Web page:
Failed Sterilisation Compensation - Medical Negligence Solicitors Claim

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Sterilisation can be done on men or on women. In men, the procedure is called a vasectomy and in women the procedure is called a tubal ligation. The tubal ligation can be done just after a woman has given birth by caesarean section or naturally. A vasectomy can be done at any time. There are a lot of psychological, social, cultural and religious issues surrounding the use of these procedures. Still, they are good methods of permanent birth control for those people in a stable relationship who have had the number of children they want to have. Failure of sterilisation techniques can lead to unwanted consequences which may give rise to a solicitors medical negligence compensation claim.

Gynaecology Surgery Negligence Solicitors

Our gynaecology surgery negligence solicitors deal with personal injury compensation claims arising from medical negligence by a healthcare practitioner including solicitors legal action for the consequences of failure of sterilisation. Our solicitors deal with claims using the no win no fee scheme. To speak to a gynaecology surgery medical negligence solicitor about failed sterilisation surgery just email our lawyers offices or complete the contact form or call our solicitors helpline. Our medical negligence solicitors offer advice at no cost with no further obligation.

Sterilisation Techniques

The popularity of the tubal ligation is somewhat declining. It has fallen by a third in the last twenty years. Vasectomy rates have remained unchanged over the years. Worldwide, the sterilisation techniques described above are the most common forms of contraception used, with more than 190 million tubal ligations and 33 million vasectomies.

Tubal ligation and vasectomies are permanent procedures that work most of the time. Occasionally, a woman can still become pregnant after a tubal ligation, even when the tubes have been removed properly. Fallopian tubes have a way of healing themselves back together so they can become functional again. Even if the Fallopian tubes are banded, cut, burned, clipped or tied, it is only about 99 percent effective. Young women who have a tubal ligation have a higher failure rate than older women.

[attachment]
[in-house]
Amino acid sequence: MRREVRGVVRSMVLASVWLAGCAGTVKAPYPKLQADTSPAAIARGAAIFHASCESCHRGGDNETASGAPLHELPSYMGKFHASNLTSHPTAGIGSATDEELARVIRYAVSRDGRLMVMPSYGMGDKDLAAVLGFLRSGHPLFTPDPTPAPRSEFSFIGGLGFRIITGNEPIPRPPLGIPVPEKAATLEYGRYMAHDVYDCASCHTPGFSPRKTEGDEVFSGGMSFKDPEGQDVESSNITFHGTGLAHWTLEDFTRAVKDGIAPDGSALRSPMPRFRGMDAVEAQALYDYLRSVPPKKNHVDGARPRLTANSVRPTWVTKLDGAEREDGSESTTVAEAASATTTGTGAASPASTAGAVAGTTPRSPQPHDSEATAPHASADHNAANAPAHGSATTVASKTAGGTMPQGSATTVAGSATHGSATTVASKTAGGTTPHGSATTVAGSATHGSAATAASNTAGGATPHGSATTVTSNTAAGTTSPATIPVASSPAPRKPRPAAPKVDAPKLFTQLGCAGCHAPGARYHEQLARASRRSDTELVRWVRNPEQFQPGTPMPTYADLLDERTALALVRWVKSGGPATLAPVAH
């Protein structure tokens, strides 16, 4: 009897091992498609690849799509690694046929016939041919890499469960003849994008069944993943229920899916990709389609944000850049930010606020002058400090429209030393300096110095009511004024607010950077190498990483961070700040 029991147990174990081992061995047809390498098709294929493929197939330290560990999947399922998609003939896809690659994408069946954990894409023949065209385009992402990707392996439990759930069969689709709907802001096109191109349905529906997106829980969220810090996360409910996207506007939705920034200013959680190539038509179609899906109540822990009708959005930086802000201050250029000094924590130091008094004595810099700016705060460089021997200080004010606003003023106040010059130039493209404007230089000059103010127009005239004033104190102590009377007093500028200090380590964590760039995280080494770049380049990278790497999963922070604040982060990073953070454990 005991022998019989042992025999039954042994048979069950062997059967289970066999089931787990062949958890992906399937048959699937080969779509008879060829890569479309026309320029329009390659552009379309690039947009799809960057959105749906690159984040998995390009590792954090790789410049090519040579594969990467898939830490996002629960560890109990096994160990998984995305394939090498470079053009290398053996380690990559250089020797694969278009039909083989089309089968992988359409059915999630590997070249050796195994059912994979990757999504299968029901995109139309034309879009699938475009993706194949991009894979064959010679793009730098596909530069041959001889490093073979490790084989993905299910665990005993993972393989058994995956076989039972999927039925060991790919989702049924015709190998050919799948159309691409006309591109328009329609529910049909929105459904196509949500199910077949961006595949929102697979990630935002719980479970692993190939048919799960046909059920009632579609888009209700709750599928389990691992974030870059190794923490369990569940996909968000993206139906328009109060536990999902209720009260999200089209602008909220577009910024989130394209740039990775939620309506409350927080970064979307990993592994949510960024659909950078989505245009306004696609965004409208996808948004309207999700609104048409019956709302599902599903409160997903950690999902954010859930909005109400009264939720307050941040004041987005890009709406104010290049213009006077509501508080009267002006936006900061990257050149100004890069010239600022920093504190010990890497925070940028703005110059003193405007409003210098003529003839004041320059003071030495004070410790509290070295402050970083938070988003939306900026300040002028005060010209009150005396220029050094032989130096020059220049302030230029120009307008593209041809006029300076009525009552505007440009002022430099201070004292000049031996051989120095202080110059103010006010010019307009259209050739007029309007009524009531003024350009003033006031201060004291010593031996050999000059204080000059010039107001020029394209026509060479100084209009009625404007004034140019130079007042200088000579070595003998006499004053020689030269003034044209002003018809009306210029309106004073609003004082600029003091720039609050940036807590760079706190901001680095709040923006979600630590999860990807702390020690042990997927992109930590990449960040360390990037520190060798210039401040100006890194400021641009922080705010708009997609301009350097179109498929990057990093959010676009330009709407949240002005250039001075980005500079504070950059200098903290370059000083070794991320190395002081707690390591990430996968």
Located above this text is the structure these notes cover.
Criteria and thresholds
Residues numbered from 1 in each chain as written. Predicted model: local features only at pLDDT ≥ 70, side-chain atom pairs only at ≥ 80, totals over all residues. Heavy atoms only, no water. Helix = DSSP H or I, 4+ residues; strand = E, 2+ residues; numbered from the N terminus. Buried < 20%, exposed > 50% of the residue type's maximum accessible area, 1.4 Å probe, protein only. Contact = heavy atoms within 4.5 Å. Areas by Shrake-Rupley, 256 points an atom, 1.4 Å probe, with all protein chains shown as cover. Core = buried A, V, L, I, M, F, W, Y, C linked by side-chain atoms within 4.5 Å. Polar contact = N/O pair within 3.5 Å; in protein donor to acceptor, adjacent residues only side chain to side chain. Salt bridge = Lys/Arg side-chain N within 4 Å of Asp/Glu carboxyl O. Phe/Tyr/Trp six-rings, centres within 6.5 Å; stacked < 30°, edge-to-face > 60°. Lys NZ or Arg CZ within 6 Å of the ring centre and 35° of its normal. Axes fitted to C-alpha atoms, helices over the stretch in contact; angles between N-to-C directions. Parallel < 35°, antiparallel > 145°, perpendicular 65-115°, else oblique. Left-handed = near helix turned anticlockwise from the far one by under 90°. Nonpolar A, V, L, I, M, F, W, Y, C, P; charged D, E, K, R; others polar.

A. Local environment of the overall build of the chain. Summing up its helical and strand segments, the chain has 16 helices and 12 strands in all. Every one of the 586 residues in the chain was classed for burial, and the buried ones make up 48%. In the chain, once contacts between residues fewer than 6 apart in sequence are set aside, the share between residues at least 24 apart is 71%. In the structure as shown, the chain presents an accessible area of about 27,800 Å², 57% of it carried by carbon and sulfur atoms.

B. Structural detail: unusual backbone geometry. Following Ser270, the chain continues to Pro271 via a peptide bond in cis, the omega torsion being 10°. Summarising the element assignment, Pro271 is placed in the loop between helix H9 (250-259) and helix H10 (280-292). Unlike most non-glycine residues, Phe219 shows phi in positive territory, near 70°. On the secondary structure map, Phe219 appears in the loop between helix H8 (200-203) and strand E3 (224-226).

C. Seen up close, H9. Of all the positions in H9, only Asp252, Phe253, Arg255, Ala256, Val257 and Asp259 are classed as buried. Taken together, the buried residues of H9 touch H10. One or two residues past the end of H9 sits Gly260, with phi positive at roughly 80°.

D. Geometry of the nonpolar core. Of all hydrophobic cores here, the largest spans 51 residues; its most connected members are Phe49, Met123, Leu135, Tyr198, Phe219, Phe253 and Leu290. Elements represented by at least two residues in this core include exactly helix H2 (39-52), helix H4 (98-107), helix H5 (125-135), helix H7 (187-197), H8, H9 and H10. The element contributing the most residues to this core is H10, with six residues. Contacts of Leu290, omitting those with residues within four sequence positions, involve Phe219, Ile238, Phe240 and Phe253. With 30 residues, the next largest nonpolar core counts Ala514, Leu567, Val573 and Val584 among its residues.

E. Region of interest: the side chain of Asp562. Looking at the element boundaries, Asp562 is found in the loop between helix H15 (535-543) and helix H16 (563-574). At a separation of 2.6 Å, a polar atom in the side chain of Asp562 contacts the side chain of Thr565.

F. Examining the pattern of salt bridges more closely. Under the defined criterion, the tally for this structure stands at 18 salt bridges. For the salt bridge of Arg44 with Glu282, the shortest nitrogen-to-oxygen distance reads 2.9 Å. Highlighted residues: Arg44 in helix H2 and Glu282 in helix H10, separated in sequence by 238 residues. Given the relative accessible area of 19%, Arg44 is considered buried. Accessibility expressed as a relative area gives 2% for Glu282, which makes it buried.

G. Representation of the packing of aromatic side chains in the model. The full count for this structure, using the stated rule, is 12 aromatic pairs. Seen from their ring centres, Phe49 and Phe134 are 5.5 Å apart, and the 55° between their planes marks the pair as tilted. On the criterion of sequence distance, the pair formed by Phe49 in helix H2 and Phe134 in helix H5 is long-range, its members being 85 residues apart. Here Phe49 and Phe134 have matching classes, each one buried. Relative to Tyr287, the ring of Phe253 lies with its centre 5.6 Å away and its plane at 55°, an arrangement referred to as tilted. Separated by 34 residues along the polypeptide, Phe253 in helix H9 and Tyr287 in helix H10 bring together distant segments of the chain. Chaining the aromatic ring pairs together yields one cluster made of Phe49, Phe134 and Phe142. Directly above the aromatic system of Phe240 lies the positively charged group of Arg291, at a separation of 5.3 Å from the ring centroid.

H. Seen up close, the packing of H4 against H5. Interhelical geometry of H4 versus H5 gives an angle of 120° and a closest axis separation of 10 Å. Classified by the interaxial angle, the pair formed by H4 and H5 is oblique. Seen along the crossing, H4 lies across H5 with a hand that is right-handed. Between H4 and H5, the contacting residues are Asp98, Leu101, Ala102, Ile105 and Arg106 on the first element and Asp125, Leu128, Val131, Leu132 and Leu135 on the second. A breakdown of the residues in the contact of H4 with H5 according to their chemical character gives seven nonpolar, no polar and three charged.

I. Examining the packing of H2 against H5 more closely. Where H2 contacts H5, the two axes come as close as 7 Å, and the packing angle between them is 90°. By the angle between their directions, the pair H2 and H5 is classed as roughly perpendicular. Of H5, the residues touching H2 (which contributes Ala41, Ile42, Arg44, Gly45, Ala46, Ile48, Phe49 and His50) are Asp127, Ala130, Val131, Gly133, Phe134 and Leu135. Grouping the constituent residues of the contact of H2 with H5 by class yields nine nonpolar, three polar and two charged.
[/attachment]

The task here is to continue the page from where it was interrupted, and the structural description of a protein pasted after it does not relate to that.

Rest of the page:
Even so, the procedure should be considered permanent. While there can be tubal ligation reversals, they are not perfect and you may not regain fertility after having the tubal ligation reversed. There is a higher rate of tubal pregnancies as well as a failure to get pregnant.

In men, the failure rate is about 0.01-0.2 percent. This is a lower failure rate than in tubal ligations. Some vasectomies fail because the man has had sex too soon after the procedure and still has active sperm in the system. Men need to have a semen sample delivered to the doctor about six months after the vasectomy to make sure that the sperm have all disappeared. The vas deference has less of a chance of growing together; nevertheless, it can happen in rare cases. More commonly, the failure is due to a failure of the surgery in the first place, which can happen if the doctor is not experienced in doing vasectomies.

In a tubal ligation, the two Fallopian tubes on either side of the uterus are isolated in a laparoscopic or open surgical procedure. The tubes are cut, tied or clipped, and sometimes burned at the ends. Often a piece of the Fallopian tube is removed and looked at under the microscope to prove that the tube has, in fact, been taken care of. Without the section of tube, doctors can’t be positive that the tube has been attended to properly. This can lead to failure of the tubal ligation.

The same thing is done with the vas deferens in males. A section of the vas deferens is taken and looked at under the microscope to prove it was actually divided successfully.

Tubal ligations can be done just after a woman has given birth. The uterus is large and can easily be reached via an infraumbilical incision. The tubes are isolated and divided. In addition, a woman who has had a cesarean section can have an open tubal ligation done at the same time she delivers her infant in the same surgical opening. A woman can also have a tubal ligation via a laparoscope in an infraumbilical incision. A vaginal incision can also be used. This can be done regardless of whether or not the woman has recently been pregnant or not.

Sometimes a failure of sterilisation is due to medical negligence, when the doctor has failed to take portions of the Fallopian tube or has failed to divide it properly. Other times, the tubal ligation or vasectomy was done perfectly but the body has reconnected the cut ends and a pregnancy ensues.

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